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Forum Game The problem with stellaris MP


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I'll split this up into 3 parts called: The Platform ; The Problem ; The Proposal

The Platform - Stellaris as a game
Stellaris is a deceptively complicated game. In truth, it is just a GUI over a spreadsheet, passed thru an RNG generator and spread over a rock-paper-scissor gameplay. This is an excellent platform for endless hours of fun... as long as it is set in the right frame. Put in the wrong frame, it is just... awful. In some ways, it'll be worse than singleplayer. Why?
Because it's just a platform.

Stellaris has no "objectives" and "plans" and "missions" or any other mechanic meant to steer the player than any other PDOX game.

In EU4 you have missions, edicts (or whatever those things are called which let u turn from one tag to another) and victory cards to help steer the player and, thru these simple mechanics, generate intrigue and gameplay stories.
In Vicky2 you had those edicts/national goals, you had population of your nationality to integrate to steer your path to conquest and certain mechanics like tension (flashpoints) which lead to crisis which lead to great war and can make and break alliances.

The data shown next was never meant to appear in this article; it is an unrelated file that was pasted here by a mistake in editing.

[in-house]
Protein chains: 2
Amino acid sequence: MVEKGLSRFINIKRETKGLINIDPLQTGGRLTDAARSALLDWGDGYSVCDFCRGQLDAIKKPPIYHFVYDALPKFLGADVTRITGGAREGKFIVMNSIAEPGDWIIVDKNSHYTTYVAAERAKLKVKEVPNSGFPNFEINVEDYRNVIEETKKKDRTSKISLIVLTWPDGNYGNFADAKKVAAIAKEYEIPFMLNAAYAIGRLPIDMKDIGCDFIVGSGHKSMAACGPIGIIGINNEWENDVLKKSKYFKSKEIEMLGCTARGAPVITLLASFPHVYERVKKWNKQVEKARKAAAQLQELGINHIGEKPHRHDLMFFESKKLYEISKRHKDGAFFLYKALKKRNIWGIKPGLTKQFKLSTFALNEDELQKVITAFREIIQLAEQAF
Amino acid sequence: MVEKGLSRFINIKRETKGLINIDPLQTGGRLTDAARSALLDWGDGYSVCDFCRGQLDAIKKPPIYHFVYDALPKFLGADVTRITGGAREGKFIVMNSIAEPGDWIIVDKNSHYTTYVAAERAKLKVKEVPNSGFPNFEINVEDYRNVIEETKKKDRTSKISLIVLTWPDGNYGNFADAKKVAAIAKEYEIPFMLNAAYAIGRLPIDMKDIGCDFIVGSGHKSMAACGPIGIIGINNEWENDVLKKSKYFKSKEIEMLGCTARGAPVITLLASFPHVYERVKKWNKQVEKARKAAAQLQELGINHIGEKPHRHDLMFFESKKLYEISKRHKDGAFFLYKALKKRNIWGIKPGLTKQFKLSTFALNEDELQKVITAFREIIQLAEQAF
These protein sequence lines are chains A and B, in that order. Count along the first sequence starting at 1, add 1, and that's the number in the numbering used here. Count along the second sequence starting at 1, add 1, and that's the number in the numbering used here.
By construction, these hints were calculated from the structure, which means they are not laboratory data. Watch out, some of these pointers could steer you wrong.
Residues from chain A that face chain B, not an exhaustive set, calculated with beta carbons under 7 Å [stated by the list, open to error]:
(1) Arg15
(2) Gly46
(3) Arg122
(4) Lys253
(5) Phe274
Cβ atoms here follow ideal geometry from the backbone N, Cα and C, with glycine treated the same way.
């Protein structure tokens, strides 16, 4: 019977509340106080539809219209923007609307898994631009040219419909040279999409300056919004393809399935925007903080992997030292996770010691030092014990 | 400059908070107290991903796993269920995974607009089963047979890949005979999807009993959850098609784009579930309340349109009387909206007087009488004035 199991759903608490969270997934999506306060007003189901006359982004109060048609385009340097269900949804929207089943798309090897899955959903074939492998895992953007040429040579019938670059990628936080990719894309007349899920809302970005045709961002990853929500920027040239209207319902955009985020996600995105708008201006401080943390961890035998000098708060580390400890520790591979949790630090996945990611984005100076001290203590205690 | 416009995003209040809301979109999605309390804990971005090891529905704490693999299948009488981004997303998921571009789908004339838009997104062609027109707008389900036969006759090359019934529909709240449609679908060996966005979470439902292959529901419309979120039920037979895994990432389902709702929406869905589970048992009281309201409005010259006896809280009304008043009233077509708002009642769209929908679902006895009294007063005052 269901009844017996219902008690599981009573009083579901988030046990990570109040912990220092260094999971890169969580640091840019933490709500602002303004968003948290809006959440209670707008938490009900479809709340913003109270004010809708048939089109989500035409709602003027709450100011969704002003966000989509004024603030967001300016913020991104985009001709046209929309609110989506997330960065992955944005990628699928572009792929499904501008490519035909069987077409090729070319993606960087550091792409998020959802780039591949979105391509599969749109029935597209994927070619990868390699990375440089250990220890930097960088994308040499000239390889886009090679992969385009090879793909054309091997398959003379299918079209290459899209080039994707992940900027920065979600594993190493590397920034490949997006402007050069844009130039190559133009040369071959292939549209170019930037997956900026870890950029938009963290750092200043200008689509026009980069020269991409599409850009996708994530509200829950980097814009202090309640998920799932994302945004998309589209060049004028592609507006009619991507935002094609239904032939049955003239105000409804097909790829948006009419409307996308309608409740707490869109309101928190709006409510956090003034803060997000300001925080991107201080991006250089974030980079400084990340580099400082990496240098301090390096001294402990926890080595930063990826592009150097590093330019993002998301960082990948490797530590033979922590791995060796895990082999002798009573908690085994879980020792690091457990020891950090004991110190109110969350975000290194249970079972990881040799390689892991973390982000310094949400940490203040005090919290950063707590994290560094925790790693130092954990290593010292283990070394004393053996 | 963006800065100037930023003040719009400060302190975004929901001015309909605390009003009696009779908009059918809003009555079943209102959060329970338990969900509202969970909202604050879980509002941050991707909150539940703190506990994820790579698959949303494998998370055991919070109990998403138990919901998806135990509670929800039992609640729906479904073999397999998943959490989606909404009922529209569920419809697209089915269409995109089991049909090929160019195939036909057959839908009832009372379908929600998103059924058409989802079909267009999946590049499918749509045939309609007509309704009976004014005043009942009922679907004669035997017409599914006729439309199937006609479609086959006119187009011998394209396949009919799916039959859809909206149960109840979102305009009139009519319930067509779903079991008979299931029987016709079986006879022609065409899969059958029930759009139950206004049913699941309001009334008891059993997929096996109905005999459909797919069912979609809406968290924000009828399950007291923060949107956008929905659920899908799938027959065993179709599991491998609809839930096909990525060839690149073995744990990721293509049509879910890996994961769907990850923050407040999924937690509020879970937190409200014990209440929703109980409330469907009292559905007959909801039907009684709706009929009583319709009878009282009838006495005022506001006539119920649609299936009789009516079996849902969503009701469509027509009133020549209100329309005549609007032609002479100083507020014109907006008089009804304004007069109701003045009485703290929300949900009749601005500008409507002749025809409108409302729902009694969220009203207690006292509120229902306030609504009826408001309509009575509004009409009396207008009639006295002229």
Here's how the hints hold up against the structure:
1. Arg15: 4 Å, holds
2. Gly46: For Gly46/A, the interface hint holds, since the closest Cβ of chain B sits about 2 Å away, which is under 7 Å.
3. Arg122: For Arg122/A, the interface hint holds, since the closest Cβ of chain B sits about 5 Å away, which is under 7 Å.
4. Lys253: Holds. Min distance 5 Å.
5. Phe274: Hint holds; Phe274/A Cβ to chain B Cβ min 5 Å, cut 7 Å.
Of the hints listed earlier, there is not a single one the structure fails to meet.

Stellaris has none of those. Acumulate planets (planets = pops), accumulate chokepoints and, in lategame, accumulate megastructures are just the equivalent of "get more provinces" in the other pdox games.

If you want compelling, interesting stories and scenarios, the player must provide those. In SP, the player is just 1 / X many empires and all those empires have their own personalities and you stand out like a sore. "The Imperium Of Man" themed from 40k stands next to "Yl'Khahan Combine" or "Cevelli Tranquil Mandate" (literally had to boot up the game to go to random generate them coz I couldn't think of them) or some shit that nobody remembers. That's why nobody remembers the names of nations in Stellaris.

This is what the Stellaris Platform is. Now playing on such a platform can be fun, but I have been trying to make the Proposal that the most amount of fun you can have on such a platform is thematic. Think of it as costume parties just with less alcohol and no girls. :p ; The platform is blank slate on which you "paint", not in the colors of the empire you play as, but with the theme of the game. I'll get more into this on part 3, The Proposal.